At a time when the State of Illinois is grappling with a significant shortage of physicians, the signing of two new legislations by Governor of Illinois, J B Pritzker, will be crucial in reducing barriers to licensing for internationally trained physicians. Currently, 12,000 residents of Illinois hold international medical degrees, and yet they face restrictions preventing them from utilizing their expertise to offer healthcare services.
The new legislation includes creation of a permanent alternative pathway to full licensure for International Medical Graduates (IMGs), marking a significant departure from other State approaches that focus on establishing restricted licenses. Additionally, the creation of the role of an ombudsman within the Illinois Department of Financial and Professional Regulation (IDFPR) tasked with aiding IMGs in navigating the process of relicensing will further enable this process.
Thanking Governor Pritzker for the initiative, Trustee of Oak Brook, Illinois, and Past President of American Association of Physicians of Indian Origin (AAPI), Dr. Suresh Reddy told News India Times, “International graduates are well trained, and on par with American graduates. Allowing international graduates to work as healthcare workers in the United States after they complete the licensing exams is a huge step in healthcare delivery in US especially in areas of need.” Dr. Reddy who’s also the Past President of the Indian-American Medical Association, emphasized “It’s a win-win situation for all those who are involved.”
Calling it “a groundbreaking step to alleviate critical labor shortages in the healthcare sector”
Upwardly Global, a national organization dedicated to assisting immigrants and refugees in leveraging their international credentials to relaunch their professional careers within the United States commended Governor Pritzker’s legislations.
According to Upwardly Global, the announcement comes after more than a year of extensive work between Upwardly Global, Illinois State Rep. Theresa Mah, Ph.D. (D-Chi.), IDFPR, the Illinois State Medical Society, as well as both national and local advocacy groups. The collaborative effort has been focused on tackling the issue of untapped talent among IMGs within the State.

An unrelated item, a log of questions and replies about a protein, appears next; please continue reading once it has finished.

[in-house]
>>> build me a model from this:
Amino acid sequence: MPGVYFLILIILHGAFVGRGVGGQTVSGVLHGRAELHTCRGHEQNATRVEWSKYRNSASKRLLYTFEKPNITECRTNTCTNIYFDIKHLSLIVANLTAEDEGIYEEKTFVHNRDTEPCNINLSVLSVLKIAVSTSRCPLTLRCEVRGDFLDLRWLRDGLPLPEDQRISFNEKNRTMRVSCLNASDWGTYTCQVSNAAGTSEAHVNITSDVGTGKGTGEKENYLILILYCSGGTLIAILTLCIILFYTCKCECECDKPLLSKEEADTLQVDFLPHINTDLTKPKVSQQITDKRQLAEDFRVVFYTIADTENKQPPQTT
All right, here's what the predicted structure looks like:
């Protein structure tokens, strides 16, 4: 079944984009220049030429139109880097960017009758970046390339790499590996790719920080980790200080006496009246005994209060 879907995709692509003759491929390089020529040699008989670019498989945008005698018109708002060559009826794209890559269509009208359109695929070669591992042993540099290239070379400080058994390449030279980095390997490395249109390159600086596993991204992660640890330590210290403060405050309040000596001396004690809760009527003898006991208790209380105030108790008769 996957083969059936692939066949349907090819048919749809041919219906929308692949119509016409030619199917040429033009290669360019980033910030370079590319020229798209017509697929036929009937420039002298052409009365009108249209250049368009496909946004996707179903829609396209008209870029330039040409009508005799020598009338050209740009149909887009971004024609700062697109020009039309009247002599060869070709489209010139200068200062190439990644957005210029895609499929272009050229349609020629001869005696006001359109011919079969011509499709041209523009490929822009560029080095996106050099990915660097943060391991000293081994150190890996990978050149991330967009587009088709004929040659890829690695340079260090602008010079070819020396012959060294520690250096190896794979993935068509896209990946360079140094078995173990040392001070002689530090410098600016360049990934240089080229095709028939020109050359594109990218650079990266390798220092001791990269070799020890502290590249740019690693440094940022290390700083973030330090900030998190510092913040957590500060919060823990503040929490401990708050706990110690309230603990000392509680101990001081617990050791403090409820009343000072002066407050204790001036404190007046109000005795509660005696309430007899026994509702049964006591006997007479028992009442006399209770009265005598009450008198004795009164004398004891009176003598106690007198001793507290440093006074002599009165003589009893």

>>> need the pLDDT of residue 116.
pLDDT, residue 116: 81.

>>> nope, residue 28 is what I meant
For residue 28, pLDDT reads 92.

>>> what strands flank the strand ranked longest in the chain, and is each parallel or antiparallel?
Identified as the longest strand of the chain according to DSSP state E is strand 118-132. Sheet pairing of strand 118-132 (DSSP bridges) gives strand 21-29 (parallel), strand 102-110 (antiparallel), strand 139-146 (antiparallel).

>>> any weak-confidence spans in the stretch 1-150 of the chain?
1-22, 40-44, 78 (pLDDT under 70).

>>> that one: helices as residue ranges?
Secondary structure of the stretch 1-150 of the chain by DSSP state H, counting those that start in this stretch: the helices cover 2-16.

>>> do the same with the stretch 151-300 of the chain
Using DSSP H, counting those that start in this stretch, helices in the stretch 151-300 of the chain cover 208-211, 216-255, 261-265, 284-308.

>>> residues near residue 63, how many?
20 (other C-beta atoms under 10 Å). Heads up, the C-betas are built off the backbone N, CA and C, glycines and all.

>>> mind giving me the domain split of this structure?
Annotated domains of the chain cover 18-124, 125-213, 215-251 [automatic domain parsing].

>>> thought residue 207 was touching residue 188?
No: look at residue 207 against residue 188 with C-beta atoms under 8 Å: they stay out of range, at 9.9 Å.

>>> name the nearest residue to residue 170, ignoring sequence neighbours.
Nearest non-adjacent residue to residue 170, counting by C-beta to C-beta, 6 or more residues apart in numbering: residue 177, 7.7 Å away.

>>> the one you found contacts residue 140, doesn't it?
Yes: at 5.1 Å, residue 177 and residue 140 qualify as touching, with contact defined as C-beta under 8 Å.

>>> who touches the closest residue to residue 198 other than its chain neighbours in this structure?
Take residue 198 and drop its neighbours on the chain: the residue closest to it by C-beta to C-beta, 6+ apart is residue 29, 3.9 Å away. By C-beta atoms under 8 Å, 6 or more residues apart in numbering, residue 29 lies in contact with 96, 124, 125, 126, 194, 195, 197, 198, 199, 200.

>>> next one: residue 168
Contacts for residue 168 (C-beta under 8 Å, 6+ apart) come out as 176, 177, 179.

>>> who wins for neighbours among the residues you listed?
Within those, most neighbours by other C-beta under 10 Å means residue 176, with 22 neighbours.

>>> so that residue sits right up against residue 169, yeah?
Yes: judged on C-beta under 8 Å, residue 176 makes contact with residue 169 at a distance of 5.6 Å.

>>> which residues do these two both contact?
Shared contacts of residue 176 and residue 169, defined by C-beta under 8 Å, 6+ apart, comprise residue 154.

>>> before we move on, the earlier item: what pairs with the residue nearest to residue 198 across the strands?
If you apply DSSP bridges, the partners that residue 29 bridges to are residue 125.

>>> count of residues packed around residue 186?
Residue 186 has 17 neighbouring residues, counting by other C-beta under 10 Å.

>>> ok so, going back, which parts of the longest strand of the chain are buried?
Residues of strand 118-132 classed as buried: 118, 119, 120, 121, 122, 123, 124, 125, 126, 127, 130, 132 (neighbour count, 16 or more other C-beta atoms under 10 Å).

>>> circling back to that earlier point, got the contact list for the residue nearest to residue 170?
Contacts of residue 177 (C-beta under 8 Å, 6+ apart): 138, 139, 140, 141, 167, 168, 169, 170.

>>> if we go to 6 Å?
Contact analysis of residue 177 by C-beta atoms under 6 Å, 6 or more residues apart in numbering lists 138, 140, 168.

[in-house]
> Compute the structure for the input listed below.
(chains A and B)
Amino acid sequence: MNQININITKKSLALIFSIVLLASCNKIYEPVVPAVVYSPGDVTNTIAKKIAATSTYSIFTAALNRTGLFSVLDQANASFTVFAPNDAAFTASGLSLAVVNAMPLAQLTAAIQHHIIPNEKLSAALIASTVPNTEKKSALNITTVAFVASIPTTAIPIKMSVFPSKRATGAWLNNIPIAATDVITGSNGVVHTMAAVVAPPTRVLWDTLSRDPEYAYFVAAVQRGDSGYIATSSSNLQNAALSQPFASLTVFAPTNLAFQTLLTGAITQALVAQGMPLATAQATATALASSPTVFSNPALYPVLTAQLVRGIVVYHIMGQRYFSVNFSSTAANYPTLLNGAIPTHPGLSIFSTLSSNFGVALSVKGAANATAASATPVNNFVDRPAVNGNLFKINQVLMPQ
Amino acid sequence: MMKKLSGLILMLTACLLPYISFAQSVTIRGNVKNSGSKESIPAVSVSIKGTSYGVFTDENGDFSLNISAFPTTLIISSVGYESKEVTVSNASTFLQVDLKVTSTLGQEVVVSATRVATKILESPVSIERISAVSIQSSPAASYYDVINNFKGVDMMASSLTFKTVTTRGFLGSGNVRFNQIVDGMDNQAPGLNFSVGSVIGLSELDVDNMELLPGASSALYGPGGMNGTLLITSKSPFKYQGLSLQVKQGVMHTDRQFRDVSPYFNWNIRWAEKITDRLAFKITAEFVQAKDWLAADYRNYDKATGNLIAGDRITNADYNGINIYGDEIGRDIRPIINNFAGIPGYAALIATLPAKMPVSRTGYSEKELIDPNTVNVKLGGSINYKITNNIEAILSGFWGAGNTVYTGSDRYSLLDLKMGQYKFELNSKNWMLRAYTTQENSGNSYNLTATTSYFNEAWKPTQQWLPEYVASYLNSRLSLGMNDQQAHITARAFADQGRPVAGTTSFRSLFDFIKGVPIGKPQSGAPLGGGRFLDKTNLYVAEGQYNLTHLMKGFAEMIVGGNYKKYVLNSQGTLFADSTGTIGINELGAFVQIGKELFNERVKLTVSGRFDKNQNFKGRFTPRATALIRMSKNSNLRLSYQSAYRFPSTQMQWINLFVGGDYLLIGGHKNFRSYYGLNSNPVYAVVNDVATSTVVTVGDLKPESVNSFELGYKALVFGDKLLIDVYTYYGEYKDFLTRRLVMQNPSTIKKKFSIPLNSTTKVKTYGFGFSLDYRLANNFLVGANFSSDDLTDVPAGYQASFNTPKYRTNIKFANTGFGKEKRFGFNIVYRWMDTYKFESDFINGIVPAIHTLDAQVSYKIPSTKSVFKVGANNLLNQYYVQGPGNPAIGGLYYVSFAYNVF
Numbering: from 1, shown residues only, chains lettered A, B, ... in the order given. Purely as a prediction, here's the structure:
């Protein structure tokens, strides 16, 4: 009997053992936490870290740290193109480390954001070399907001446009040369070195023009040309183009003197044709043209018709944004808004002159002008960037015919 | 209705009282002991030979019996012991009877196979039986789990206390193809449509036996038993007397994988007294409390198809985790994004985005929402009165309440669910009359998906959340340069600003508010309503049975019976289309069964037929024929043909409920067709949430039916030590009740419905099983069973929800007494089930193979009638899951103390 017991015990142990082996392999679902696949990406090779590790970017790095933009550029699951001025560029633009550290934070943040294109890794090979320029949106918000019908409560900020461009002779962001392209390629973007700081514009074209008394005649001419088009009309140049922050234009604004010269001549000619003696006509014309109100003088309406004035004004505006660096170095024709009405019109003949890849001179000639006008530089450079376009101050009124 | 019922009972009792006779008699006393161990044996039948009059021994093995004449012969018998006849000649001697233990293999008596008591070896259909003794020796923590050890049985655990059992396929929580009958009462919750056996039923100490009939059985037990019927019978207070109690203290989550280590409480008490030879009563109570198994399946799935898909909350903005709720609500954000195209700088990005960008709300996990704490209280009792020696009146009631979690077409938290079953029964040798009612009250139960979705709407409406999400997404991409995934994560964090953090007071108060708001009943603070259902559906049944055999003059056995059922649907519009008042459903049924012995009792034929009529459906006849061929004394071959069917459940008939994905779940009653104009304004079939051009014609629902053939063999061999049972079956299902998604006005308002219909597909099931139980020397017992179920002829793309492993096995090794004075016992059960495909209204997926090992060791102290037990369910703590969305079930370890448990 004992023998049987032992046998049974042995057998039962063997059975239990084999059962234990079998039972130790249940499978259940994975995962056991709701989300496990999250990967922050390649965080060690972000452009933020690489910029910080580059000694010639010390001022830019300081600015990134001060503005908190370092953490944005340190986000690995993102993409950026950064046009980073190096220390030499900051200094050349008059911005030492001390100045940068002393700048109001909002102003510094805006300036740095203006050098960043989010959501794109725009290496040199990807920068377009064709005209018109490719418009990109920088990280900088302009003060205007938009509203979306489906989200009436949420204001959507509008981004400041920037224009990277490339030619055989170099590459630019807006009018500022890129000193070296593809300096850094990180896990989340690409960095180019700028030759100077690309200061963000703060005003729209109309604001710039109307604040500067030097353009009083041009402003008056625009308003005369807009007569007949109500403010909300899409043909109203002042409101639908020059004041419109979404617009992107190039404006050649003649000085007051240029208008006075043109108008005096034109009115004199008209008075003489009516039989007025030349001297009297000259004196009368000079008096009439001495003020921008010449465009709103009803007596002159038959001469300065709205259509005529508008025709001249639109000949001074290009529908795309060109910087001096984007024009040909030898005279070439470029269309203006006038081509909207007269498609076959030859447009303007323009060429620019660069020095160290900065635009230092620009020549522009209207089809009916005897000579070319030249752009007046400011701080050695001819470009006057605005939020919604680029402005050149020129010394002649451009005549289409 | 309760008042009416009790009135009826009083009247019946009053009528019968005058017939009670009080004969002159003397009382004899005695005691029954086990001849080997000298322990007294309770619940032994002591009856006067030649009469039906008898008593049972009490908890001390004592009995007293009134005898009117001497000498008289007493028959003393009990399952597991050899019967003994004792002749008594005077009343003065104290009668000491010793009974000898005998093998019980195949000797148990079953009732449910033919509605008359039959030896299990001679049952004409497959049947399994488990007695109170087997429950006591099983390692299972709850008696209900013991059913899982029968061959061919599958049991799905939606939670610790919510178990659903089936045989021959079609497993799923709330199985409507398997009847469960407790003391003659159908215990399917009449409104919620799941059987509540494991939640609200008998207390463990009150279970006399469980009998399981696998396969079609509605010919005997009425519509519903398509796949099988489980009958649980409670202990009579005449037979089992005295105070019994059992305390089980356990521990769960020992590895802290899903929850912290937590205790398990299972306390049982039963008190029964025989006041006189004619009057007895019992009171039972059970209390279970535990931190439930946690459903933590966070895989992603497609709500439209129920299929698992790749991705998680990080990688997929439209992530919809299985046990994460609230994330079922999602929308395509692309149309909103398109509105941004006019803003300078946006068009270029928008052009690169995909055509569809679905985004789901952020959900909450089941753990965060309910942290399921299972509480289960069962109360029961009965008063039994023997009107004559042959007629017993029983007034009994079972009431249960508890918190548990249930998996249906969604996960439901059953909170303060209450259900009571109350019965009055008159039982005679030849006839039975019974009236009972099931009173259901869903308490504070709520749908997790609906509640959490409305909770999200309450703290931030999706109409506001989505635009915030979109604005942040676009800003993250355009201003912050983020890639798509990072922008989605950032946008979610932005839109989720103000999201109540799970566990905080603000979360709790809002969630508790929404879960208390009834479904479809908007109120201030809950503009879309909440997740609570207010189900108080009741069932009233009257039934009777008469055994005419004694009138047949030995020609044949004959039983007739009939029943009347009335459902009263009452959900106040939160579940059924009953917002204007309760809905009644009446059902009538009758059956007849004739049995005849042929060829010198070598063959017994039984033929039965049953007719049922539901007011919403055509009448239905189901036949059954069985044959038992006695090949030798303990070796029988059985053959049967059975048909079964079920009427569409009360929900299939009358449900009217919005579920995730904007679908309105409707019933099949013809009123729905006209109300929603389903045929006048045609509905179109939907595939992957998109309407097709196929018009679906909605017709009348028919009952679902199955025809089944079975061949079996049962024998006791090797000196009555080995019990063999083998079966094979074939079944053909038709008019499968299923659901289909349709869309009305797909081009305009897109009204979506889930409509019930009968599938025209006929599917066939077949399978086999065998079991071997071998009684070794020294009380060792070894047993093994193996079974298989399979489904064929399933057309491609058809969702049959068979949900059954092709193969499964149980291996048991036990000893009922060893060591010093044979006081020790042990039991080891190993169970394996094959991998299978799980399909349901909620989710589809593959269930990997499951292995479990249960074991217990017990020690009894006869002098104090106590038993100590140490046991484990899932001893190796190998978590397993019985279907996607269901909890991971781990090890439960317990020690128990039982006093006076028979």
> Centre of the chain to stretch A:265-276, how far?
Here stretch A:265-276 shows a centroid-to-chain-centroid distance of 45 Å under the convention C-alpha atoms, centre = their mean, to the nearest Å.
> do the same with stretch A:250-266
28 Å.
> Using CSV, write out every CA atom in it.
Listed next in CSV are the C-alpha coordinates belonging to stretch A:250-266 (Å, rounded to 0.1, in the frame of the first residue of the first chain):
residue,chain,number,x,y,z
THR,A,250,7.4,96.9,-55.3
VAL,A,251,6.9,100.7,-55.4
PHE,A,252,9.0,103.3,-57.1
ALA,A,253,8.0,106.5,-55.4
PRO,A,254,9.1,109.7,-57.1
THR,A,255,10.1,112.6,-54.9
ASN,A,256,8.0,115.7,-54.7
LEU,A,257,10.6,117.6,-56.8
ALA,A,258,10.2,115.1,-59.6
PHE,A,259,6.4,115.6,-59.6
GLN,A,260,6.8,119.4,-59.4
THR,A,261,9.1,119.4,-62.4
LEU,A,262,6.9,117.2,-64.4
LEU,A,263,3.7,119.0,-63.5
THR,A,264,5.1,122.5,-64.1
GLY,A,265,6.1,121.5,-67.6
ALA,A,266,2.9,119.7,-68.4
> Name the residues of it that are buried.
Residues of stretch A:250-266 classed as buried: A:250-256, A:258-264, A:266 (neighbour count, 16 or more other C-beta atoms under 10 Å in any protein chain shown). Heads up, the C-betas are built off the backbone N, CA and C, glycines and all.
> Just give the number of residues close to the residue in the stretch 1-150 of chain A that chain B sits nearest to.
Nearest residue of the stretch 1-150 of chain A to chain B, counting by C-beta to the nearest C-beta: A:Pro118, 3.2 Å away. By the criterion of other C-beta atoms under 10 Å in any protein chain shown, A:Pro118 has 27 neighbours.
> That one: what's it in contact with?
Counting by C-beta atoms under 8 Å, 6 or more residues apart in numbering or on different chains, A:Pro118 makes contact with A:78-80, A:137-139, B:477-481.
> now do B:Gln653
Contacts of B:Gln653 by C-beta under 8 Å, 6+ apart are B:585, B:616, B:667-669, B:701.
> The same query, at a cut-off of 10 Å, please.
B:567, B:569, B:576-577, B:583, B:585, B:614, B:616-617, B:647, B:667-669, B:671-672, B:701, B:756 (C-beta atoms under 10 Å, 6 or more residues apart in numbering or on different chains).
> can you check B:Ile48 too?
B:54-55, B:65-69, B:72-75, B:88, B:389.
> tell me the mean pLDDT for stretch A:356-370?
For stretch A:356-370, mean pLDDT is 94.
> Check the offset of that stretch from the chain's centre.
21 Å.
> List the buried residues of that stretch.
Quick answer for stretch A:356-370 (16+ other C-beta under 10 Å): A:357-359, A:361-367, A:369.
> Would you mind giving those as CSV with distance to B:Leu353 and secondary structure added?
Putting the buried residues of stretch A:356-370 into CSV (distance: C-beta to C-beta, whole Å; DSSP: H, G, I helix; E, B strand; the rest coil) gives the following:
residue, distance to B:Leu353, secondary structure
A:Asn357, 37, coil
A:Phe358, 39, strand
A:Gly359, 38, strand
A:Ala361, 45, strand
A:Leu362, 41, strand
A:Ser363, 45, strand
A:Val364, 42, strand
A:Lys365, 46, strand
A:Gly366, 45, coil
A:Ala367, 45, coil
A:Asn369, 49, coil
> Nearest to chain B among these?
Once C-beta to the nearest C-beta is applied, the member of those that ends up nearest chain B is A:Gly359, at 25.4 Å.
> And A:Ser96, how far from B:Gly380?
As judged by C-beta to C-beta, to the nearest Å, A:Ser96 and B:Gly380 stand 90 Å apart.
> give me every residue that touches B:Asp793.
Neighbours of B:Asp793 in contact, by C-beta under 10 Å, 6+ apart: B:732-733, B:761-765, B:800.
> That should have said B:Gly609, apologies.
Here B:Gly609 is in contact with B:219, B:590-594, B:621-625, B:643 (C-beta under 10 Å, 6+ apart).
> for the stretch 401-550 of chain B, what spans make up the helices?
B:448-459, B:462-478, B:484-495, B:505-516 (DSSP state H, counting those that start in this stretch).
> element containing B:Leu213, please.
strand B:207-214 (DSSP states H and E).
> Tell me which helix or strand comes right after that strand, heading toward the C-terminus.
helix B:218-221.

“Illinois is setting a new standard for the rest of the country when it comes to internationally trained medical professionals,” said President and CEO of Upwardly Global, Jina Krause-Vilmar, in a statement. “Upwardly Global is proud to have co-created this legislative win, which recognizes the value of internationally trained healthcare professionals who, despite their expertise, often remain on the sidelines during critical health crises.”
Founder and former President of AAPI, Dr. Navin Shah, told News India Times, “I welcome the move of Governor Pritzker which will be helpful for patients in the State of Illinois.
Already, 80,000 Indian doctors in the United States are doing well in training as well as in practice. Not only are they taking good care of patients but also training new doctors. This is a great step given the huge shortage of healthcare professionals in this country.”
In the 1980s, Dr. Shah worked to achieve equality for international doctors alongside US physicians. In 1987, along with the support of his colleagues he helped replace “Foreign” with “International” rebranding Foreign Medical Graduates (FMGs) as International Medical Graduates in the battle against discrimination.
“There is growing demand for healthcare workers across the nation. Between 2017 and 2021, states from Arizona to Virginia saw an increase in the number of online job postings for unique healthcare worker positions. Immigrants often punch above their weight, representing a larger share of workers in healthcare roles like physicians, surgeons, dental hygienists, and respiratory therapists than their share of the population,” pointed out a special report “The Growing Demand for Healthcare Workers: A State-by-State View” by the American Immigration Council.
The report which highlights the critical contribution of immigrants in alleviating significant workforce shortages within the state-level healthcare sector, underscored, “Although there is a growing need for healthcare workers, many immigrants who received specialized training abroad cannot practice in the State. In 2021, many immigrants with healthcare-related professional and doctorate degrees were working in a healthcare occupation that did not require one.”
Owner of Simply Smiles, in Ashburn, Virginia, Dr. Aman Sabharwal, told News India Times, “One of the biggest challenges we face in healthcare is access to care. For example, my home State of Virginia currently faces a shortage of dentists and hygienists, particularly in rural areas. I believe by streamlining the licensure process for internationally trained healthcare providers we can improve our access to care for all patients.” (News India Times)